A look at what’s weird in theaters, on hot-off-the-presses DVDs, and on more distant horizons…

Trailers of new release movies are generally available on the official site links.


Shutter Island:  Psychological thriller about tough cops (Leonardo di Caprio and the ubiquitous Mark Ruffalo) who investigate a (possibly supernatural) disappearance in a spooky asylum for the criminally insane. Unlikely to be truly weird (although there are reports of some “small-s” surrealism), but the trailer is intriguing and a new Scorcese genre movie is always notable.  Shutter Island official site.


2009 Oscar Nominated Shorts:  Showing in select cities across the US, UK, Mexico and Canada.  Usually something mildly weird (or at least mildly experimental) will make its way into the shorts field, usually in the animated category.  The big draw should be Nick Park’s latest 30 minute installment of the popular Wallace & Gromit series, “A Matter of Loaf and Death.”  The official site is still listing the lineup from last year’s offering.  2009 Oscar Nominated Shorts Official Site.

Happy Tears (2010): Parker Posie and Demi Moore star as two adult women returning home to confront their dad (Rip Torn) and search for his buried treasure, in a film that features “surrealistic” dream sequences (apparently de-emphasized in the trailer).  Kirk Honeycutt of the Hollywood Reporter called it “simply weird” (comparing it unfavorably to director Michael Lichenstein’s previous feature, Teeth, which he found “weird-funny”).  Happy Tears official site.


Black Dynamite (2009): Not weird, but notably offbeat.  A blaxploitation parody/spoof that authentically mimics the look and feel of the 1970s genre film, even including a visible boom mic. Buy Black Dynamite.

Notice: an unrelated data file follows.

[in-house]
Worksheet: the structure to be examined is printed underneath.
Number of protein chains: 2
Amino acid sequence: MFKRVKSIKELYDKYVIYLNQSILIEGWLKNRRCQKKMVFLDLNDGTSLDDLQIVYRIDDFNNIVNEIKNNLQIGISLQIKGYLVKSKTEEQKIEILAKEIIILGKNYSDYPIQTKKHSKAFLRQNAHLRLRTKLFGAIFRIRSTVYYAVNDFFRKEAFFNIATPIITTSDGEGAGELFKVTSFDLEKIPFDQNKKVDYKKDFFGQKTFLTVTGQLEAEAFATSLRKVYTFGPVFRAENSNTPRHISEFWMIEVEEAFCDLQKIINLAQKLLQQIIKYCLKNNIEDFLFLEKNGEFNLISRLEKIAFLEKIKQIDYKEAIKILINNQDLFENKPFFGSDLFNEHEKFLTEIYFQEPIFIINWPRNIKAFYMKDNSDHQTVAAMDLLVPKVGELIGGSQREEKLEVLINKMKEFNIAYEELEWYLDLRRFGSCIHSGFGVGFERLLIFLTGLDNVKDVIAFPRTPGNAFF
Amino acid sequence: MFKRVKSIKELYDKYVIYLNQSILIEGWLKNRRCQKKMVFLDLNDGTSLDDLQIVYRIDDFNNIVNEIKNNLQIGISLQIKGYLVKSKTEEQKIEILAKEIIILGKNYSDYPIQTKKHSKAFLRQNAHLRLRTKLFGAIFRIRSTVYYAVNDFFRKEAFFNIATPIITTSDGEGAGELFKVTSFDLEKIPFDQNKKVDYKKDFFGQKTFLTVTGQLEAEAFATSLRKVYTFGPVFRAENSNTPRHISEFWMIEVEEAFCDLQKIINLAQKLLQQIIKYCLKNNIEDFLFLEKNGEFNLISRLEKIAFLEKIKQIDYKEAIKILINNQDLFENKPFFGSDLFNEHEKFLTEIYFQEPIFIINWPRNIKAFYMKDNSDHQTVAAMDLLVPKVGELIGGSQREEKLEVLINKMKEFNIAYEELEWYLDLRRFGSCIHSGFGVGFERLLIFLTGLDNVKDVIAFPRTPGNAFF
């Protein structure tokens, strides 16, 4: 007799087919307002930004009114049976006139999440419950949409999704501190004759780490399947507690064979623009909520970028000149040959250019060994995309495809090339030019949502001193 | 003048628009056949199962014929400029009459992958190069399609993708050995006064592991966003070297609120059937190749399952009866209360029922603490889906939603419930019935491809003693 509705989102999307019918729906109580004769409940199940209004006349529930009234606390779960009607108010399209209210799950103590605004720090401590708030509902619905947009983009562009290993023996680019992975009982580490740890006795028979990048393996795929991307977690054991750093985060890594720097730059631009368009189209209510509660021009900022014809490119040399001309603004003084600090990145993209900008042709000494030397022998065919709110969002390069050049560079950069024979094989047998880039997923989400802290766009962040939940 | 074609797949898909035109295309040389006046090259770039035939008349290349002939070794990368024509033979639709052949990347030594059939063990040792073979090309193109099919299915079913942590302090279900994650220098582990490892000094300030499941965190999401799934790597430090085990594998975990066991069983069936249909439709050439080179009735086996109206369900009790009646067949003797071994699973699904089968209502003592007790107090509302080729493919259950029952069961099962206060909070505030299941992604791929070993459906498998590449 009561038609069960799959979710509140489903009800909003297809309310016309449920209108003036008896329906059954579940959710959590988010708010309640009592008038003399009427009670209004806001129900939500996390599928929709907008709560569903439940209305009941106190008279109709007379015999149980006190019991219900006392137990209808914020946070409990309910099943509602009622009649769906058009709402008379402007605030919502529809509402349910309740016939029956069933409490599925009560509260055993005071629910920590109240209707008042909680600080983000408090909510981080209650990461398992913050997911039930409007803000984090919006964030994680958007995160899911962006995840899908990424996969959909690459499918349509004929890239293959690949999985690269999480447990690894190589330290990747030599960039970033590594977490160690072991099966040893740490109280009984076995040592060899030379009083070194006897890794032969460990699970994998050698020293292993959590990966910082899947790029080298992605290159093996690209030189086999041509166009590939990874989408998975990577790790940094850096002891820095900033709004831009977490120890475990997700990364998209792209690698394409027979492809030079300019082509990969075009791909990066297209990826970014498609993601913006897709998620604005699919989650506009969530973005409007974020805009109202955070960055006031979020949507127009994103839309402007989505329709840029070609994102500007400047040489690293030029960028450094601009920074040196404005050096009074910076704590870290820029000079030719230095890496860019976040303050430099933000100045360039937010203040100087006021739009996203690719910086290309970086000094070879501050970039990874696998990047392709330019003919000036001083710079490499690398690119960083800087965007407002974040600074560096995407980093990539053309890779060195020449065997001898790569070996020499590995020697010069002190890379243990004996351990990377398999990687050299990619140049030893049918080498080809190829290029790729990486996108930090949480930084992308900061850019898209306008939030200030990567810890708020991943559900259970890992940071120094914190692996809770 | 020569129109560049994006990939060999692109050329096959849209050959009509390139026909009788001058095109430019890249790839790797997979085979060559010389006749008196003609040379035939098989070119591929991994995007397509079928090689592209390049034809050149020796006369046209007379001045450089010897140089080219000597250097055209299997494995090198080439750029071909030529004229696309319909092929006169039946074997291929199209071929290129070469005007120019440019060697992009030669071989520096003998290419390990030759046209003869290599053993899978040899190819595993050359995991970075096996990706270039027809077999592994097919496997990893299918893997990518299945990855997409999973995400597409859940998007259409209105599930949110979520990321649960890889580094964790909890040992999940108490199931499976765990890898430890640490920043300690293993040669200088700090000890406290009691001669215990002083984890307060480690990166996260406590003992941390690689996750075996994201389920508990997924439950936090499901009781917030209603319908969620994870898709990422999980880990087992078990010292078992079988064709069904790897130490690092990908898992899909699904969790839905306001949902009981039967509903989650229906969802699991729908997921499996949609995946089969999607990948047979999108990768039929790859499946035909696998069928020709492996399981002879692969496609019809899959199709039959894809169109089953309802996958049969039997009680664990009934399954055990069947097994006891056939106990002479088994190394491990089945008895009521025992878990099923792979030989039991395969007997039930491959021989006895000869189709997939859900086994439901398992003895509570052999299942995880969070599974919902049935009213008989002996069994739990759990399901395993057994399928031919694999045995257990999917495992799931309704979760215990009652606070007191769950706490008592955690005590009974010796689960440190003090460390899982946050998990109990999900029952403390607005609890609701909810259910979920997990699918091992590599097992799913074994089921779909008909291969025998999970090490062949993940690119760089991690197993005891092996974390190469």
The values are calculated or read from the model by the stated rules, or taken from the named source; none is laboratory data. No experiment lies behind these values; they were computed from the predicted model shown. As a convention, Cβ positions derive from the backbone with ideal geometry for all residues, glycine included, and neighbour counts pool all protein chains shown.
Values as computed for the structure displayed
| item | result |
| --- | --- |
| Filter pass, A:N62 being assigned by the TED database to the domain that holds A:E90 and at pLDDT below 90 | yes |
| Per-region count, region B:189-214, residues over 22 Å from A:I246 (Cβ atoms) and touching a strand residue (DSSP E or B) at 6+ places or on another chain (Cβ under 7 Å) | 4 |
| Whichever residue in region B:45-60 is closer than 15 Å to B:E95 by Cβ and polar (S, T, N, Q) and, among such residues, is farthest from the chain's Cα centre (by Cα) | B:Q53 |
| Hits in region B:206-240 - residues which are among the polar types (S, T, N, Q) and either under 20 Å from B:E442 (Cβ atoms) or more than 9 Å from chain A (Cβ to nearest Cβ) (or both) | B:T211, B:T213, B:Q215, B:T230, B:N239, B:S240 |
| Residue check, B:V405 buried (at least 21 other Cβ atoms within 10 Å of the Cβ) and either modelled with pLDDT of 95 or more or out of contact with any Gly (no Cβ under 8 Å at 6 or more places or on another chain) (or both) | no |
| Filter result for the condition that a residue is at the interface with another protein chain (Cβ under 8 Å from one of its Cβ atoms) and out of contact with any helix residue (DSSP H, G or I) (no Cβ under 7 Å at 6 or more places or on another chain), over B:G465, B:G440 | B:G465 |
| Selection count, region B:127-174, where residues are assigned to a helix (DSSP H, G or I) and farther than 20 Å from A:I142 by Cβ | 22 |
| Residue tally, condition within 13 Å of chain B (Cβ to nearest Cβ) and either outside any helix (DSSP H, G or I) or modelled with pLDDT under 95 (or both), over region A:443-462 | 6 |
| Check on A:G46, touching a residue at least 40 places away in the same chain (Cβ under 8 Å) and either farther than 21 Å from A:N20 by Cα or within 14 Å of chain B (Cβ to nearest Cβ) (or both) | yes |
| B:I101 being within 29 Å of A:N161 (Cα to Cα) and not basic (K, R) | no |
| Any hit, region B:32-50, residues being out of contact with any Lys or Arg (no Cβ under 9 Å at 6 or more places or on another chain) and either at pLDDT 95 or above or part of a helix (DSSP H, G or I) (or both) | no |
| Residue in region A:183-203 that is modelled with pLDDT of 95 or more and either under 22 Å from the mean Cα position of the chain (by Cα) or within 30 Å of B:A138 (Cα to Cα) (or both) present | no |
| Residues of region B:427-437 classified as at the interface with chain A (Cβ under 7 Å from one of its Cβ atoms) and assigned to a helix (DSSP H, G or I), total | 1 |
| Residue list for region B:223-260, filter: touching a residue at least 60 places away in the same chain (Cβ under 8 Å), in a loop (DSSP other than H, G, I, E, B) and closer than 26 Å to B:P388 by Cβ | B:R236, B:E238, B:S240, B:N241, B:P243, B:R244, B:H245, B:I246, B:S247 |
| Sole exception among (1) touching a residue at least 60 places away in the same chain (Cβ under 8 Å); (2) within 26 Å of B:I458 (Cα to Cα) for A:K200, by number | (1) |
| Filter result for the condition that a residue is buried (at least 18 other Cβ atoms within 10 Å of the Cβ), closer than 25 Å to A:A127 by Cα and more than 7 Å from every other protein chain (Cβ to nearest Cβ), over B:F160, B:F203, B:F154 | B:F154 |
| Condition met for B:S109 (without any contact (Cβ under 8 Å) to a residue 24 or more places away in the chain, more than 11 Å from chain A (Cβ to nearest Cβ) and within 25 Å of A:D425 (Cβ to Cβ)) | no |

Georges Melies Encore: 26 new, recently unearthed short films (and some fragments) from Melies (A Trip to the Moon, 1902) the French cinema pioneer trickster who was the first to recognize cinema’s natural affinity for the fantastic.  Contains some intriguing titles, like “L’hallucination de l’alchimiste” (translated into English as “An Hallucinated Alchemist,” for some reason). Historical film fanatics will be delighted by this offering. Buy Georges Melies Encore.


Black Dynamite (2009): See review in DVD above. Buy Black Dynamite [Blu-ray].


The Criterion Collection has lost the rights to more than a dozen StudioCanal films, and the Criterion editions (usually the industry standard for technical quality and extras) will be going out of print.  The most notable losses for our purposes are the entire Orphic trilogy and Jen-Luc Goddard’s Alphaville.  The rights are going to Lionsgate, so the DVDs may be reissued.  You can see the complete list of lost titles in Criterion’s official public announcement of the deal.  Criterion is offering $5 off if you purchase from their website.

What are you looking forward to? If you have any weird movie leads that I have overlooked, feel free to leave them in the COMMENTS section.

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